10 Ways We Make Ourselves Miserable for No Good Reason


Have you ever said to yourself things like, “I wish life was better”, “I wish I felt more fulfilled”, or “I wish I had more peace in my life”? If there was a guaranteed way to make life better, how far would you go to get it? What if the 3 pounds inside your skull could make your life better even without a single thing about your external life changing? That all sounds like it would be amazing right? Now, imagine that instead of using our minds to make life better, we actively used that same power to make us miserable? What if that same 3 pounds inside your skull made your life worse, no matter how many positive things you had in your life?

Truth is, we all have this power and we all use it to make our own life wretched from time to time. How do we do this? Through negative patterns of thought called “Cognitive Distortions”. Cognitive distortions are intrusive thoughts that are very difficult to change and rob us blind from the joy we could otherwise have. But if we can learn to identify cognitive distortions, we will be better able to think rationally, think more effectively, think more realistically, have more self-esteem, and therefore be happier! The first step to stop negative thinking is to identify the cognitive distortions. Here are 10 very common ones:


  • All-Or-Nothing Thinking. This is when you are thinking in black and white. Absolutes. Using language like, “Always,” and “Never” are dead giveaways. Life rarely that simple.
  • Over Generalization. This is when you use the one current situation as a never-ending pattern of defeat. For example, you might say, “You never take out the garbage on time!” and you would be guilty of both 1 and 2. Instead of that, think of this one situation and just one situation!
  • Mental Filter: This is when you filter out the good and only see the bad. Searching for only the evidence that supports your anger or depression, refusing to see the rest. Life is about balance. There are always good aspects.
  • Discounting the Positives: This is when you believe the positives don’t matter. You might acknowledge the positive exists (thus skipping #3), but refuse to put any meaning behind them.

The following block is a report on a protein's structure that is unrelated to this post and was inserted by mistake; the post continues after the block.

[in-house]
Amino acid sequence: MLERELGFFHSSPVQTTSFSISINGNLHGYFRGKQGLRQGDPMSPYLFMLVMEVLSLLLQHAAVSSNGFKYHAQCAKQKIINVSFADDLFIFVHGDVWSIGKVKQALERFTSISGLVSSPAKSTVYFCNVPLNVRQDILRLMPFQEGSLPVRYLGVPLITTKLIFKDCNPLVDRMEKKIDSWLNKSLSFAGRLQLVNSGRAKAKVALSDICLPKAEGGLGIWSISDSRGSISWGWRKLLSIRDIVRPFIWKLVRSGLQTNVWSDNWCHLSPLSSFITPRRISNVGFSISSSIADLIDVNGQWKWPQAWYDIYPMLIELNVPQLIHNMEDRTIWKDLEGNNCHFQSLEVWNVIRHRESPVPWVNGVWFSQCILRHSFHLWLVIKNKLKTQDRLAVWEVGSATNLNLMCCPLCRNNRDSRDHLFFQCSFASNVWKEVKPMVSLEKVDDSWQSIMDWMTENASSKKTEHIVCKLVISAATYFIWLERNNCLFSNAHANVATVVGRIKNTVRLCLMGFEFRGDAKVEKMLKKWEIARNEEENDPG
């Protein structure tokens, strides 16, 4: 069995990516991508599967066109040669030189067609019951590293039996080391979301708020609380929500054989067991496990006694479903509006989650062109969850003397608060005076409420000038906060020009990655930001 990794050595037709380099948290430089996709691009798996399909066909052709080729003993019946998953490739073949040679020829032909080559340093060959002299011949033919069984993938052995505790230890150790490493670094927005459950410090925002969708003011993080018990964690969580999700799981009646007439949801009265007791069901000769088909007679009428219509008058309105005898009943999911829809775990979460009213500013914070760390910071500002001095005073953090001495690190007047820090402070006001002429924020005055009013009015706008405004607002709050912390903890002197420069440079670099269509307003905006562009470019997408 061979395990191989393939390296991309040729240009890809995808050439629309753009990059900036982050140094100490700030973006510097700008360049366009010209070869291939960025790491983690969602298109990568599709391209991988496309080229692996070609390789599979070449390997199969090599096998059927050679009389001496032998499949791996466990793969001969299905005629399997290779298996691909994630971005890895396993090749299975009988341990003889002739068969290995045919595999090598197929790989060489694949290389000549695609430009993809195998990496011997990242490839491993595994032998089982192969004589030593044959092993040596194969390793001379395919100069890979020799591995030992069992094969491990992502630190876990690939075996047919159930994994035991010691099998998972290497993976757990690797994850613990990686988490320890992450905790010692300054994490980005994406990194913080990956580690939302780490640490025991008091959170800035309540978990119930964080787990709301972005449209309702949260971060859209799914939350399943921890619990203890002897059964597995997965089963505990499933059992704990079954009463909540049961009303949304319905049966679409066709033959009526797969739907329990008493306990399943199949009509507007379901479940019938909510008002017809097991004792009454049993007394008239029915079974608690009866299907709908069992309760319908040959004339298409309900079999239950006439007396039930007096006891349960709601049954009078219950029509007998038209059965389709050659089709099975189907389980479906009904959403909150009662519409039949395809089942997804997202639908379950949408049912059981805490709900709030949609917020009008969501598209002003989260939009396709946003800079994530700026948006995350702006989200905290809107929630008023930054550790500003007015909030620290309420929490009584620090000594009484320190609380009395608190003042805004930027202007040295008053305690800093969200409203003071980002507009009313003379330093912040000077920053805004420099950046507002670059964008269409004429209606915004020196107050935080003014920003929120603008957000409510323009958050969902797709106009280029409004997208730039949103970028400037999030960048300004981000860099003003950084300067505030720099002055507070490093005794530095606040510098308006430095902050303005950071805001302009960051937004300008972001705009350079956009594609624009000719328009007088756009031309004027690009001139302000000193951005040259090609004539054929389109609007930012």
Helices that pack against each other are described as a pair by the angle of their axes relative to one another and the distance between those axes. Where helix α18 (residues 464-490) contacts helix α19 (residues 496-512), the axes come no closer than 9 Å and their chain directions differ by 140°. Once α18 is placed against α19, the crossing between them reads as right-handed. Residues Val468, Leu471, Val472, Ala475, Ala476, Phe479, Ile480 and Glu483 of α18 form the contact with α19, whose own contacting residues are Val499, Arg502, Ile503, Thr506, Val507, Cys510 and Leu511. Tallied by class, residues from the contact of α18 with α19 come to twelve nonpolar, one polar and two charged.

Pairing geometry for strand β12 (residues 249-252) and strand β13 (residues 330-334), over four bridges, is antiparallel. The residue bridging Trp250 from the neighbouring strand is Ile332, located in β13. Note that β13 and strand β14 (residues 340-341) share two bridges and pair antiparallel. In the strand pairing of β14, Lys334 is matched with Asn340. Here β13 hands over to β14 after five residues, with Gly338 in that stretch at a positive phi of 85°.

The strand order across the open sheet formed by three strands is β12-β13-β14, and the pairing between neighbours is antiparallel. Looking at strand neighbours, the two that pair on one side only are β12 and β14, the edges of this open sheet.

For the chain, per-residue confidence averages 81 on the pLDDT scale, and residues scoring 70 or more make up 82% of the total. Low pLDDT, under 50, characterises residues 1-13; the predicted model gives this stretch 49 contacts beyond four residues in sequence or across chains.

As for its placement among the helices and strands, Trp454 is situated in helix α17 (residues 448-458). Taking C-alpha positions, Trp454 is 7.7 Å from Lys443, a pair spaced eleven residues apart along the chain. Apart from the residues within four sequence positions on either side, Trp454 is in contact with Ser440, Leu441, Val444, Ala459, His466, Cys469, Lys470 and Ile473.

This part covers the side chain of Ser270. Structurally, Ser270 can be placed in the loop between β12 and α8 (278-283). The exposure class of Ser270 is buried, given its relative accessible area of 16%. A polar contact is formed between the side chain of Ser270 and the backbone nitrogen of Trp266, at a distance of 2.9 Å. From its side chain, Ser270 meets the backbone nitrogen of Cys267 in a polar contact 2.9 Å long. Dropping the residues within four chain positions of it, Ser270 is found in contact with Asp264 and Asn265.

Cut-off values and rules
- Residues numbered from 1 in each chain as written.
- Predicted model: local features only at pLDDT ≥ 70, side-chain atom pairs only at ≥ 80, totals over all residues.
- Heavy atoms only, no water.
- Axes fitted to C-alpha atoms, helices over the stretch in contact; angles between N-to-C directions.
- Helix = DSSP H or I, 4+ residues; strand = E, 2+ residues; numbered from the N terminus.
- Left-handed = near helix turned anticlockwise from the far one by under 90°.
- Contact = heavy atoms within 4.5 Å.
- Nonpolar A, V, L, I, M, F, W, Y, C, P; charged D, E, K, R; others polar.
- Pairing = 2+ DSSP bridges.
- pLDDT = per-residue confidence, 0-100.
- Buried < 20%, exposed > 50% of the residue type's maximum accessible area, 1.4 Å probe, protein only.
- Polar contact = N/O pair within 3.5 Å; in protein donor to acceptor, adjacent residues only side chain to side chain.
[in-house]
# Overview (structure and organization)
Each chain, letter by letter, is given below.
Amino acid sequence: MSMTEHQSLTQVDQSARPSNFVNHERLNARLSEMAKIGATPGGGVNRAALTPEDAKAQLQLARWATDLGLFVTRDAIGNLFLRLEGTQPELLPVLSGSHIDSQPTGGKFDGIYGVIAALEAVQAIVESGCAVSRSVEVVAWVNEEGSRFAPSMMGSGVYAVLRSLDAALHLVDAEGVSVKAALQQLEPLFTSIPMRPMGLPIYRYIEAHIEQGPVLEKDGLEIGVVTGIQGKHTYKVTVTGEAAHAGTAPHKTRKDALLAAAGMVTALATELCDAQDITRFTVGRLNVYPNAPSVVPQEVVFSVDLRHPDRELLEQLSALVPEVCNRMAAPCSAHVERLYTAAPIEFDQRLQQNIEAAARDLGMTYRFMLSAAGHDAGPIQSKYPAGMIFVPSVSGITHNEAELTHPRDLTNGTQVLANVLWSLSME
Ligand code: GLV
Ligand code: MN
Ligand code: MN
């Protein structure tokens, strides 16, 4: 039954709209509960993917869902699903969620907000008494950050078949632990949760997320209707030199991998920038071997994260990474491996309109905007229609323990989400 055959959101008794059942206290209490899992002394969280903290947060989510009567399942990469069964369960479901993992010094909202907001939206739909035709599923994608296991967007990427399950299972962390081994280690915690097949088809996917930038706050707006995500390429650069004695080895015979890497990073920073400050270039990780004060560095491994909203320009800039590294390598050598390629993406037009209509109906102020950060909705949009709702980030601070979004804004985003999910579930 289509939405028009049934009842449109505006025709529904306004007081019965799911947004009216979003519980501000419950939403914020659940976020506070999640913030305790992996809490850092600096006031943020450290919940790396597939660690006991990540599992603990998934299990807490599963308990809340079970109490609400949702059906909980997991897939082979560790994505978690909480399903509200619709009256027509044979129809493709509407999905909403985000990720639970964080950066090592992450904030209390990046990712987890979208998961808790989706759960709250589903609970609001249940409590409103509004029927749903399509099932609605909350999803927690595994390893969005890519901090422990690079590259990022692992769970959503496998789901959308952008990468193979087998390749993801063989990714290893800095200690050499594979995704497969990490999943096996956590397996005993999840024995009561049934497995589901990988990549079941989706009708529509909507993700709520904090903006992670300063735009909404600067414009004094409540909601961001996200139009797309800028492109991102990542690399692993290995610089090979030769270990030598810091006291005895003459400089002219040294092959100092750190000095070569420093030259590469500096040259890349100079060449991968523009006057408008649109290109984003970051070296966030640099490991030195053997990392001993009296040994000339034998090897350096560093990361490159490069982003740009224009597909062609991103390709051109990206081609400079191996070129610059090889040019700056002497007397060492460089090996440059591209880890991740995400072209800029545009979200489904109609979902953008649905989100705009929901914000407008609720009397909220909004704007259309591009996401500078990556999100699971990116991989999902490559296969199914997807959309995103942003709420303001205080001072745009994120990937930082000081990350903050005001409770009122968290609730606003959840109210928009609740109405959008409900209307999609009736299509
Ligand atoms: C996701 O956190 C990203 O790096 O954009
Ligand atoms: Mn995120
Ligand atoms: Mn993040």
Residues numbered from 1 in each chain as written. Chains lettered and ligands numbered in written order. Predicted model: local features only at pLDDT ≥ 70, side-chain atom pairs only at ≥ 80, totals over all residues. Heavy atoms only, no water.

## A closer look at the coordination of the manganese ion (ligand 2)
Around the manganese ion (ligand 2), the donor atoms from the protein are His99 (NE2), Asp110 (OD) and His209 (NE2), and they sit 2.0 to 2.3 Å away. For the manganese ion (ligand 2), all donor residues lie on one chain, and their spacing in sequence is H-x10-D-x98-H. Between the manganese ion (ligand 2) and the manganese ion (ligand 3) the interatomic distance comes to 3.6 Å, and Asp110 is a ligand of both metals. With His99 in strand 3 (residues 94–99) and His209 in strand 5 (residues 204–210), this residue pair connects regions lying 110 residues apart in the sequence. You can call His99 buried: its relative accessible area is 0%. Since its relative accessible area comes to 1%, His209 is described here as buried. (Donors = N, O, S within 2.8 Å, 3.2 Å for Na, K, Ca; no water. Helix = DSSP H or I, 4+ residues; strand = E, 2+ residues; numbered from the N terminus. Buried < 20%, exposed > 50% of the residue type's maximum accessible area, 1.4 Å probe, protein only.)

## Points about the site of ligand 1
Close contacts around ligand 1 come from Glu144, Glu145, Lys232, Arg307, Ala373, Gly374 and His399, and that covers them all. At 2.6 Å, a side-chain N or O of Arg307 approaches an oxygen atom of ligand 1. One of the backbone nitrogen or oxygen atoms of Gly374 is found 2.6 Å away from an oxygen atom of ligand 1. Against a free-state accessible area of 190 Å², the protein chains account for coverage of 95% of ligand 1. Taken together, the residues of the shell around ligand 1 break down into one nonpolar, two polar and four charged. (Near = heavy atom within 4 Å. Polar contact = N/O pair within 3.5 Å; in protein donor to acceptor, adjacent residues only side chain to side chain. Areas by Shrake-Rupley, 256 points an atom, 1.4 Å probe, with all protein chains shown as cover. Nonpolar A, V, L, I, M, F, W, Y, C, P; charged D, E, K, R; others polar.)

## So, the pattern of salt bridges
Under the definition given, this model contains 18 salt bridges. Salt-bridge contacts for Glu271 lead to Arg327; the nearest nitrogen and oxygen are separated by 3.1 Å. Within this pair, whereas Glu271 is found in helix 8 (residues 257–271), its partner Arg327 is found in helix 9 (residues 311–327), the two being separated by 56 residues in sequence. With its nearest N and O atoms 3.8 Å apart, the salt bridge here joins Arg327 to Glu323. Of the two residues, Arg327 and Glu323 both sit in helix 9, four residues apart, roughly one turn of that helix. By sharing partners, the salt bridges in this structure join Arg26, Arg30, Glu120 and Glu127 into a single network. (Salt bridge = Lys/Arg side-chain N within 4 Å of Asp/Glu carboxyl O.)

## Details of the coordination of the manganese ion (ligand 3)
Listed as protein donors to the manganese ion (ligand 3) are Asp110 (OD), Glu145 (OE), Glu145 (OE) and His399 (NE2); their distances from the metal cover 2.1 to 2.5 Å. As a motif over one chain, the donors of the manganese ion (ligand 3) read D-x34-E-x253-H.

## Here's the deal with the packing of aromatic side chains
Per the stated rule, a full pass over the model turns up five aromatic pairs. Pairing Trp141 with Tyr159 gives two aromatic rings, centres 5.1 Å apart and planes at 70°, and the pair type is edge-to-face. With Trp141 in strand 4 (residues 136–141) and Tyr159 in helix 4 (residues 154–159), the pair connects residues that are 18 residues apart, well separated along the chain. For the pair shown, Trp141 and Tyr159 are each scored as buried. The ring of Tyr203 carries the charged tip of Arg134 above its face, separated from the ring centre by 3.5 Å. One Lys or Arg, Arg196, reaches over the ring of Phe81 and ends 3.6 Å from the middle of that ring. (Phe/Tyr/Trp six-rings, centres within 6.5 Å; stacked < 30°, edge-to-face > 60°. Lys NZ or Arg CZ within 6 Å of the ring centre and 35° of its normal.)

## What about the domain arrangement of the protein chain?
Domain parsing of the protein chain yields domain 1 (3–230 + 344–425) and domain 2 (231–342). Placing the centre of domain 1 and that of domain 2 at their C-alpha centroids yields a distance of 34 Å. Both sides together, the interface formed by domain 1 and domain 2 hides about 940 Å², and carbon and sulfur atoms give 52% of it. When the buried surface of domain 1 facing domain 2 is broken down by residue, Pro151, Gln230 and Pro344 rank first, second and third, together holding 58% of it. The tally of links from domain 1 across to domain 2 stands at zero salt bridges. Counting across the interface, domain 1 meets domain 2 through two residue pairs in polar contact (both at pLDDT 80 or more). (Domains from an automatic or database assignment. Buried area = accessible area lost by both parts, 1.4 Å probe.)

• Jumping to Conclusions: There are two types in this category.
    1. Mind-Reading. This is when you assume people are acting a certain way because of you or to spite you when you have no definitive evidence.
    2. Fortune Telling. This is when you predict things will go poorly and react accordingly, even before anything happens.
  • Magnification or Minimization: Magnification is when you blow something way out of proportion (usually something negative), and minimization is when you shrink the importance of something (usually positive).
  • Emotional Reasoning: This is when you let reasoning have its foundation in your emotions. For example: “I feel stupid, so I must be.” Instead, take on the phrase, “I Choose to believe the truth and walk in it no matter my feelings or circumstances.” It can be difficult, but it is possible. Feelings come and go, but the truth always stays the same.
  • “Should” Statements: This is when you criticize yourself or others with “Should,” “Must,” and “Have to.” When we say things like, “I should have known better,” we shame ourselves.
  • Labeling: This is when you take one mistake and tell yourself, “I’m a looser because I made a mistake.” Instead, try saying, “Oops, I made a mistake.” No labeling needed.
  • Personalization and Blame: This is when you take on full responsibility for something that was not entirely your fault, or you blame others for something when you were partially at fault, thus denying your responsibility. For example: thinking “My spouse should have known” means you are guilty of #10 (expecting them to read your mind instead of telling them) and #8.

It can be very difficult to change our thinking.  Just the biology and anatomy behind how to change a thought is incredibly complex!  Doing the hard work and disciplining yourself to identify the category behind your negative thinking is a great first step into changing how those thoughts work.  If you do this for 21 days, you will see a difference in your thoughts, and likely, even your mood! Try it! What can you lose?

Comment time! I would love to hear from you! What thoughts do you struggle with and how have you learned to overcome some of the most nagging negative thoughts? I hope this list of cognitive distortions can help you learn and change those things that you just can’t stop on your own.

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